Judges Seek Exemption from Arizona Pension Reform

March 21, 2013 (PLANSPONSOR.com) – Two Arizona judges asked the state senate to exempt judges from pension reform that would leave them with less-generous retirement benefits.

The Republic reports Arizona Supreme Court Chief Justice Rebecca White Berch and Maricopa County Superior Court Presiding Judge Norm Davis urged the Arizona Senate Finance Committee to exempt judges from a bill that would create a 401(k)-style retirement plan for future Arizona elected officials. The legislation, House Bill 2608, seeks to close an Arizona public pension system known as the Elected Officials’ Retirement Plan (EORP).

According to the news report, the EORP was found to be “significantly underfunded and costly to taxpayers” with recent public funds paid into it totaling $21.7 million, while contributions totaled only $6.8 million. The committee is conducting an in-depth study of Arizona pension reform, which is the result of a state senate decision in May 2012 not to immediately close out the EORP (see “Az. Senate Rejects DC Plan for State Officials”).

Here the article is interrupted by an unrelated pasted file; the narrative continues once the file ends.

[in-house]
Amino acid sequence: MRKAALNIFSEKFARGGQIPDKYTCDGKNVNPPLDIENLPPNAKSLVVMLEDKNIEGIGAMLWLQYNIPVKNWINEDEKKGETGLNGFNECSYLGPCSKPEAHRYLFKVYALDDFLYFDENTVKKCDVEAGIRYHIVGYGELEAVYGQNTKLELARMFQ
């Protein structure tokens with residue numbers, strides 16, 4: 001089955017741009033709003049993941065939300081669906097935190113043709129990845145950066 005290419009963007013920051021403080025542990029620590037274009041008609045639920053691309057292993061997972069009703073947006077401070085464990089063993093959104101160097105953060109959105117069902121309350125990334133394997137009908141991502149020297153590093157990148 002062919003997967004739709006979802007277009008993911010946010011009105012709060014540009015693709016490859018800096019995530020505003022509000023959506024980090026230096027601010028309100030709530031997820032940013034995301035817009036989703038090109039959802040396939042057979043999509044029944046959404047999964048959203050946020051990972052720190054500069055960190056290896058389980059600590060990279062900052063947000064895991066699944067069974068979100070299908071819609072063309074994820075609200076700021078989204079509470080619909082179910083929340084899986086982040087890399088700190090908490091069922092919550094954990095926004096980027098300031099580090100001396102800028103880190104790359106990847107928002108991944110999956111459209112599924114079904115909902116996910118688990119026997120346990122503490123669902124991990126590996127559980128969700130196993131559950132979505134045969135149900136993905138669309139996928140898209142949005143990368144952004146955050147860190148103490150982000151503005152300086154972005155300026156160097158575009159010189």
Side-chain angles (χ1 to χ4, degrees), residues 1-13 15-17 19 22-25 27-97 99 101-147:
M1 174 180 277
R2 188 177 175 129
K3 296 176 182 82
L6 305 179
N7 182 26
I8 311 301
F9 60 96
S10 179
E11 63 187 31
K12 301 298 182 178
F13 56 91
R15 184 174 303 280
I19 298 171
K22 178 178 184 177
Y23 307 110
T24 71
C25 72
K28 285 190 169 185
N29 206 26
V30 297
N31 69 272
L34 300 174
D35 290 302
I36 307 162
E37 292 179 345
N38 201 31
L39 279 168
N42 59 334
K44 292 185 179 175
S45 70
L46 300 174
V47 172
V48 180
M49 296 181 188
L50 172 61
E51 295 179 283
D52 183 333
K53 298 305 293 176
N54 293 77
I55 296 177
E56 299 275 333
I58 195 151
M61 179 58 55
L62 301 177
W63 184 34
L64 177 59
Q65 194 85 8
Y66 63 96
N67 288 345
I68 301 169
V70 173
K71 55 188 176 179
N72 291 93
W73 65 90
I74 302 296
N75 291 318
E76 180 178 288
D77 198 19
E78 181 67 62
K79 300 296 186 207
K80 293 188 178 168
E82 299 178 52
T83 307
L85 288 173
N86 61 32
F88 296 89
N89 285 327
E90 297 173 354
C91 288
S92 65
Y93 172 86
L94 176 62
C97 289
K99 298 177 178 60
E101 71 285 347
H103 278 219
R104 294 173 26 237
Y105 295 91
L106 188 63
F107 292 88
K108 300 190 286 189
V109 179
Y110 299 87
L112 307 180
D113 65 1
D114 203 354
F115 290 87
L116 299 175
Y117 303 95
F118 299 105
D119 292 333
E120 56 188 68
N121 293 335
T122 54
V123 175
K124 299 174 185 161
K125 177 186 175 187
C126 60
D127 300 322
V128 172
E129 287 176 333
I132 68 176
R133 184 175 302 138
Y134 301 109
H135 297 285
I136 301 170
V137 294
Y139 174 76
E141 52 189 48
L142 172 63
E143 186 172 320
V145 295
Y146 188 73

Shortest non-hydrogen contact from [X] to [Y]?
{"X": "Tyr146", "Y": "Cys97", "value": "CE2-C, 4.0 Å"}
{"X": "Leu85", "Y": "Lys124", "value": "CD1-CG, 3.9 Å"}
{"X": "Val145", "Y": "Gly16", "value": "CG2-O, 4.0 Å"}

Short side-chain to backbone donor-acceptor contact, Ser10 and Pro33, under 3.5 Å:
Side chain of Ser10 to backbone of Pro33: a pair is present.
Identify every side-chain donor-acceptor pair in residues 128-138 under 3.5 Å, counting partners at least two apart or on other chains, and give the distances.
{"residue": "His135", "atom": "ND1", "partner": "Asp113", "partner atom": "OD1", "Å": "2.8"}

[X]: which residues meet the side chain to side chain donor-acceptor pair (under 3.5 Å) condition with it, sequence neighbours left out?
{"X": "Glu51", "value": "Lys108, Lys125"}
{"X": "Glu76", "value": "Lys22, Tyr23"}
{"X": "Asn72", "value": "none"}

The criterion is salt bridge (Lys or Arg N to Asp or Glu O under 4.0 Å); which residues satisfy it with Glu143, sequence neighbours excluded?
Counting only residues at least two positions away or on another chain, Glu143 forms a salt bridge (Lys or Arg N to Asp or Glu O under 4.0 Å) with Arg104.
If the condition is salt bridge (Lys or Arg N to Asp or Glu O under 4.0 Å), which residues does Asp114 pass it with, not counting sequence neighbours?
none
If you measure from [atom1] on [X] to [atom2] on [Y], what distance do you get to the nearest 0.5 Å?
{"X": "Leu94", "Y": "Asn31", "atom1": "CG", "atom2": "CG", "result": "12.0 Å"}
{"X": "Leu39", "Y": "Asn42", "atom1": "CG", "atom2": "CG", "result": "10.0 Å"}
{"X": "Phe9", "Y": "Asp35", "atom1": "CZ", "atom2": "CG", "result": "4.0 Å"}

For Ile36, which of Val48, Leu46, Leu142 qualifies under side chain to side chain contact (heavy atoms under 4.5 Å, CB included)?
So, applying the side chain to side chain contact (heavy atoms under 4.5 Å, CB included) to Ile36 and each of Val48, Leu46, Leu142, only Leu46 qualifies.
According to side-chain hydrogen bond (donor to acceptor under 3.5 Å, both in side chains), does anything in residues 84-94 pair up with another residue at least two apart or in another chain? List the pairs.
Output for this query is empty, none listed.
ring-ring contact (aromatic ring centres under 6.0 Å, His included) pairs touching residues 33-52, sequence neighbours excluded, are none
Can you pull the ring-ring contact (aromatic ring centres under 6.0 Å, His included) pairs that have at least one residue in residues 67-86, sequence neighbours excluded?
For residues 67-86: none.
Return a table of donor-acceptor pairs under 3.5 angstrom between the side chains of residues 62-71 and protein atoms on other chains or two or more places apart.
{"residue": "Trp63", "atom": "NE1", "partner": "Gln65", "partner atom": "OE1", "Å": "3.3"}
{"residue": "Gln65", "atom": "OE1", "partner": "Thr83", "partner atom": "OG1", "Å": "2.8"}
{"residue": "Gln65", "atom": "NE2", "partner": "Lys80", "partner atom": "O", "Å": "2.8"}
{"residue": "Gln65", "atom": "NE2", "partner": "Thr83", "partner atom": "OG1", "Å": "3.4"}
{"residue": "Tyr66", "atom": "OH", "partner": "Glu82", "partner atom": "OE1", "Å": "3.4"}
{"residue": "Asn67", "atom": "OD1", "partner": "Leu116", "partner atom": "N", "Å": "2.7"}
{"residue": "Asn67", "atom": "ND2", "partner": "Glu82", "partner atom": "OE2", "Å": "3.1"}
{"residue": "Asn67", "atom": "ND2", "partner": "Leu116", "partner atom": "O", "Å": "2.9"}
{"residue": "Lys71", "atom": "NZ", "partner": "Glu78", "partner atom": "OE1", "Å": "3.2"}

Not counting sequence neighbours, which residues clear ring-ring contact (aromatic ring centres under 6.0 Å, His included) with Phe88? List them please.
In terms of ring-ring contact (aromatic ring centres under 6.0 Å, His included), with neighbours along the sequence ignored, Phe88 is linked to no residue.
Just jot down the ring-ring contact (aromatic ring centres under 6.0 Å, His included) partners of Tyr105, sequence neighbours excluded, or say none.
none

The judges asked the committee to let future judges have the option to be in the Arizona State Retirement System (ASRS) that, while not as generous as the EORP, would provide lifetime pension benefits to public employees when they retire. Higher court fees were cited as a way to help subsidize the cost of allowing judges to be in the ASRS. 

The legislation would have new elected officials contribute 8% of their pay into their retirement funds. The employer would contribute an amount equal to 5% of the official’s pay to the retirement fund. That fund would grow or shrink based on market investments, similar to private-sector 401(k) plans. 

Elected officials have been required to pay more for their pensions following changes made in 2011, and they will be paying 13% of their salary toward retirement starting July 1, compared with 7% in 2011, the news report said. Employers’ payments range as high as 36.44%. 

The bill, which could be amended as it heads to the full state senate, would not affect those already retired or those already elected. If passed, it would take effect January 1, 2014.